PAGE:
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I have a page that creates an associative array, then passes it as a hidden value to a new PHP page. I have a foreach loop waiting to iterate through it but it coughs up an "invalid argument" error, as if the page doesn't know the value it's working with is an array (Despite "print" showing simply "Array"). This is essentially what I have:

//Hidden input to be passed to the next page
print "<input type=\"hidden\" name=\"price_list\" value=\"$item_list\">


//Code on the second page for the foreach loop
extract($_POST);
foreach($price_list as $name=>$price) {
...
}

But I am simply given "Warning: Invalid argument supplied for foreach() in /home/cut/mg299/public_html/PHP/invoice.php on line 17". The array works fine, as I can iterate on the previous page, and other values are parsed fine to this second page.

Do I need to 'reinitialise' this array value?

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What does $item_list look like when it's written out into the form field? –  Pekka 웃 Mar 24 '10 at 16:35
    
It's only getting array because doing an echo (or, anything trying to convert an array to a string) causes "Array" to be returned & printed. Try this to see: $arr = array(1, 2, 3); echo 'arr is: '.$arr; –  Slokun Mar 24 '10 at 16:46

3 Answers 3

up vote 3 down vote accepted

Use serialize() and base64_encode():

print '<input type="hidden" name="price_list" value="' . base64_encode(serialize($item_list)) . '">'

and unserialize() and base64_decode():

//Code on the second page for the foreach loop

$price_list = unserialize(base64_decode($_POST['price_list']));
foreach($price_list as $name=>$price) {
...
}

serialize() converts your array to a string. base64_encode() encodes this string to make it safe for transmission via HTTP. Maybe it works without it but better to be on the safe side. In addition, your array gets a little obfuscated.

Update:

Actually I just noticed that serializing an array containing strings e.g. array('foo', 'bar') results in a:2:{i:0;s:3:"foo";i:1;s:3:"bar";}.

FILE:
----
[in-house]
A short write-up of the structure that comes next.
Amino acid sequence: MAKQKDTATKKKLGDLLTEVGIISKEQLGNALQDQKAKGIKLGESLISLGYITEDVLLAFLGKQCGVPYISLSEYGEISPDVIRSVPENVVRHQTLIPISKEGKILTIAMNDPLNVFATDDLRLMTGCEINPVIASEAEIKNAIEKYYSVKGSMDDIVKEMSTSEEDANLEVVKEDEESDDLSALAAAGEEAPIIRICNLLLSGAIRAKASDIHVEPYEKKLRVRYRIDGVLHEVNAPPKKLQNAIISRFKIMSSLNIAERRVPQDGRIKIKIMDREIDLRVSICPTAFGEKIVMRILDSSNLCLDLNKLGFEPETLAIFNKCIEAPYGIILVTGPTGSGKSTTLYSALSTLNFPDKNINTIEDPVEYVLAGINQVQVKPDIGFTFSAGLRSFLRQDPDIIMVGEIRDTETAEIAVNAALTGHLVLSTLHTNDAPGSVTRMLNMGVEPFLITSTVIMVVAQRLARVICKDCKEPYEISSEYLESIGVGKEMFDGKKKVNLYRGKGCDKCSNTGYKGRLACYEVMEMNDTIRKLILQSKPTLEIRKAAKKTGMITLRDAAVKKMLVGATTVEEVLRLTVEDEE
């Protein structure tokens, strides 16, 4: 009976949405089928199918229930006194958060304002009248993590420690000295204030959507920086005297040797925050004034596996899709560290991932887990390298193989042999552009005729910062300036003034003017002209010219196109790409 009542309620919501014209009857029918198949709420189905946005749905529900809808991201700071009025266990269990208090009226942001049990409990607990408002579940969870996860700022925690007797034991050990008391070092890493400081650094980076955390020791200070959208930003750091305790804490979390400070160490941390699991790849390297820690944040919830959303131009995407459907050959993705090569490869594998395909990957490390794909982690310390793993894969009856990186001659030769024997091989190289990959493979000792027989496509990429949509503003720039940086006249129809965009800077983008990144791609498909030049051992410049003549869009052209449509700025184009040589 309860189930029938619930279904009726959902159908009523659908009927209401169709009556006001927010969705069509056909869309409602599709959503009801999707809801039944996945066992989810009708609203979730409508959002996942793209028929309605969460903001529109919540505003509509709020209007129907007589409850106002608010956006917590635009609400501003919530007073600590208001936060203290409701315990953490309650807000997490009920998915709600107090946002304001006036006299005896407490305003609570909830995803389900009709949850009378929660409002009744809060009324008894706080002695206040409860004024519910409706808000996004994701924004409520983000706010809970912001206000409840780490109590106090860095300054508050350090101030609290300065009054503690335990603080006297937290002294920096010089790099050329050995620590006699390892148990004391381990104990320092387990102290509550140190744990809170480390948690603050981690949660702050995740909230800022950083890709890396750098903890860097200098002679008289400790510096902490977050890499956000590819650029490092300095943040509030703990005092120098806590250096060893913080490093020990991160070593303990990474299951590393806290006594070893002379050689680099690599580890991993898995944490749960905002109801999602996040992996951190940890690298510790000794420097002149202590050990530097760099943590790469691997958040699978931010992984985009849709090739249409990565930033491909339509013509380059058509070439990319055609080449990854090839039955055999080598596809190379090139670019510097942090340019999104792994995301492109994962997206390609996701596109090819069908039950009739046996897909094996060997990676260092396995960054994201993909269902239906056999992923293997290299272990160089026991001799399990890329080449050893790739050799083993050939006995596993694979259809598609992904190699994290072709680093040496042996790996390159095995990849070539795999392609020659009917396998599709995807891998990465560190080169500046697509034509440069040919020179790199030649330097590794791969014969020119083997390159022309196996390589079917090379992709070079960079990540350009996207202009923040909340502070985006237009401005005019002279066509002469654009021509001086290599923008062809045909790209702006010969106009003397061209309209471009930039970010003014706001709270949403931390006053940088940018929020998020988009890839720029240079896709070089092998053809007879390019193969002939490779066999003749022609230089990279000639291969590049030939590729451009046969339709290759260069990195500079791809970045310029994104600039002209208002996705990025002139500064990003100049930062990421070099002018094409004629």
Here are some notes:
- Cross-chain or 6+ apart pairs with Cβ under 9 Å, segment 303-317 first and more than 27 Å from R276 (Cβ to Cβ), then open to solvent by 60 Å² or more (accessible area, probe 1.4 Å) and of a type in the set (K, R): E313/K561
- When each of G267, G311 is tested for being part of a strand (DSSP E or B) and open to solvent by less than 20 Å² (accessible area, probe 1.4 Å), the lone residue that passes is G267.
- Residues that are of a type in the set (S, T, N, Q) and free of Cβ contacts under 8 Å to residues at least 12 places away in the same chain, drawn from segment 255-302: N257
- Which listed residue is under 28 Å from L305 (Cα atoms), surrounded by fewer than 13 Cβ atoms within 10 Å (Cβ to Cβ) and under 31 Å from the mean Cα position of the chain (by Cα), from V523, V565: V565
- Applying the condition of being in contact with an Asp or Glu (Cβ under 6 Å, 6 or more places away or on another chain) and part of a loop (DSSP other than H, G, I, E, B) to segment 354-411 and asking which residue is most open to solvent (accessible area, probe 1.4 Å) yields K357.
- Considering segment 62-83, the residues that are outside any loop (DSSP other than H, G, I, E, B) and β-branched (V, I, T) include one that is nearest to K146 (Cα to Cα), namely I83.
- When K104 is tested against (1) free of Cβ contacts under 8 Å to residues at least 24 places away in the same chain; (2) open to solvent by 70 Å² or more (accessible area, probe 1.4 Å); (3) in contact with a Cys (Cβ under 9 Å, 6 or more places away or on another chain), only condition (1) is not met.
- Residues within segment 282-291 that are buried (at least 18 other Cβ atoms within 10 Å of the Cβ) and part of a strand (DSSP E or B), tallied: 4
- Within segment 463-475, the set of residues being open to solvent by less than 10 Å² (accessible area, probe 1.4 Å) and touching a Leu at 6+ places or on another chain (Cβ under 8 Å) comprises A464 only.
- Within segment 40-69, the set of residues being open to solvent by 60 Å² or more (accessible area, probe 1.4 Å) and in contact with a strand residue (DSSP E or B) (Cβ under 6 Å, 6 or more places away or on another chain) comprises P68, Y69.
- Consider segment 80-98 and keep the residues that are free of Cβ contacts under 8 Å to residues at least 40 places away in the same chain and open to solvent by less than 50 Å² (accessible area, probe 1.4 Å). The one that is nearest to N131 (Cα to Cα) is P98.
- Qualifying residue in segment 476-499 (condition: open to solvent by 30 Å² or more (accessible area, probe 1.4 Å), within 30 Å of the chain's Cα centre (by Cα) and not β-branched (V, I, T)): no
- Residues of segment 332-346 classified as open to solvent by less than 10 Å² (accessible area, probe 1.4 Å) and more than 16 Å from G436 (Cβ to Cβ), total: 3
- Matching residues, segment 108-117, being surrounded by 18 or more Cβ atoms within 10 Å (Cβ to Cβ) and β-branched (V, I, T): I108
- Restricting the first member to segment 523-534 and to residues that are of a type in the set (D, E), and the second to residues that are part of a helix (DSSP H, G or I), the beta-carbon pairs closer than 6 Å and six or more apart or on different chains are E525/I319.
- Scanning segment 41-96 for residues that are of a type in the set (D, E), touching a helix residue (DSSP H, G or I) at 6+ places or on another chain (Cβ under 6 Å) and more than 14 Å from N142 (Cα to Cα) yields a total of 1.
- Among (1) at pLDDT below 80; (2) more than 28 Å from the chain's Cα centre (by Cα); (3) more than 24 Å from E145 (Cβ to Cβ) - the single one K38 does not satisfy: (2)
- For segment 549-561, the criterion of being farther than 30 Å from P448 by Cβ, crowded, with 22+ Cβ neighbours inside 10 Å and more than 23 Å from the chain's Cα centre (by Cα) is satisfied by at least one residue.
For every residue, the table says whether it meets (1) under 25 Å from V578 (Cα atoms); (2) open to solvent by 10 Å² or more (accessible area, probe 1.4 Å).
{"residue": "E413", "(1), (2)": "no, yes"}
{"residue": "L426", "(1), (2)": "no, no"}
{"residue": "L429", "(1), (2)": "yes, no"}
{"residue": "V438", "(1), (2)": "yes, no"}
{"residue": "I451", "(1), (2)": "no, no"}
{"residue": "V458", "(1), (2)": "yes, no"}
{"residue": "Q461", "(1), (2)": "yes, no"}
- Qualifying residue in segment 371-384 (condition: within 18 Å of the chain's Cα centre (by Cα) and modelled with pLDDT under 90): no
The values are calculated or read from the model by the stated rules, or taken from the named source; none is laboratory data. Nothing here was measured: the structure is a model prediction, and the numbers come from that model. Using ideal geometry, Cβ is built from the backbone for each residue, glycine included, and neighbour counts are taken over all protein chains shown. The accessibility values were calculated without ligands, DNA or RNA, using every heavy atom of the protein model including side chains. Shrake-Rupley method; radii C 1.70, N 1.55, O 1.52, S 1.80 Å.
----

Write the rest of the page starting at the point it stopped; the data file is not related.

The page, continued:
In order to insert this correctly in to 'value="' . serialized_value . '"' you have to encode it, otherwise the result will be messed with the double quotes ":

value="a:2:{i:0;s:3:"foo";i:1;s:3:"bar";}"

Update 2: Tom made a good point regarding security. You cannot make sure that $_POST['price_list'] contains the values you provided. They could be tampered by an attacker.
To make sure, that the data is valid, you can prepend some kind of secret key:

$secret_key = base64_encode('secret');

$value = $secret_key . base64_encode(serialize($item_list))

and later:

$value = $_POST['price_list'];
if(!substr($value,0,strlen($secret_key)) === $secret_key) {
    echo "Attempted attack!!";
    exit();
}
$price_list = unserialize(base64_decode(substr($value, strlen($secret_key)));
foreach($price_list as $name=>$price) {
...
}

Of course this can be improved further but should give the right idea.

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These comments have helped me understand the problem going on (i.e. The Array is being written just as a String of "Array"). I have attempted to serialize and then unserialize the value, but I am given the following error: "Notice: unserialize() [function.unserialize]: Error at offset 0 of 3 bytes in /home/cut/mg299/public_html/PHP/invoice.php on line 16" What would cause this? –  Wintermute Mar 24 '10 at 16:48
1  
I'd be wary of unserializing() user submitted data. a malicious user would then be able to instantiate arbitrary objects on the server, which could potentially cause you a problem, even though unlikely. –  Tom Haigh Mar 24 '10 at 16:51
    
@Wintermute: What does your array contain? –  Felix Kling Mar 24 '10 at 16:54
    
Associative Array, Strings as the Keys and Integers as the Values. –  Wintermute Mar 24 '10 at 16:56
    
e.g. in this case, if you had a class which implemented iterator and you were directly printing out $price, I could maliciously construct an instance of that by sending the right string to be unserialised, then i might get to see the results of that iterator –  Tom Haigh Mar 24 '10 at 16:57

If print on your array just outputs "Array", then I suspect that's how it's getting written to the hidden field. Try viewing source and see how that actually gets rendered to the browser. If it is, then you'll need some method of serializing and deserializing the array.

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'

you might try:

foreach ($item_list as $item)
{
    $value = base64_encode($item);
    echo "<input type='hidden' name='price_list[]' value='$value'>";
}
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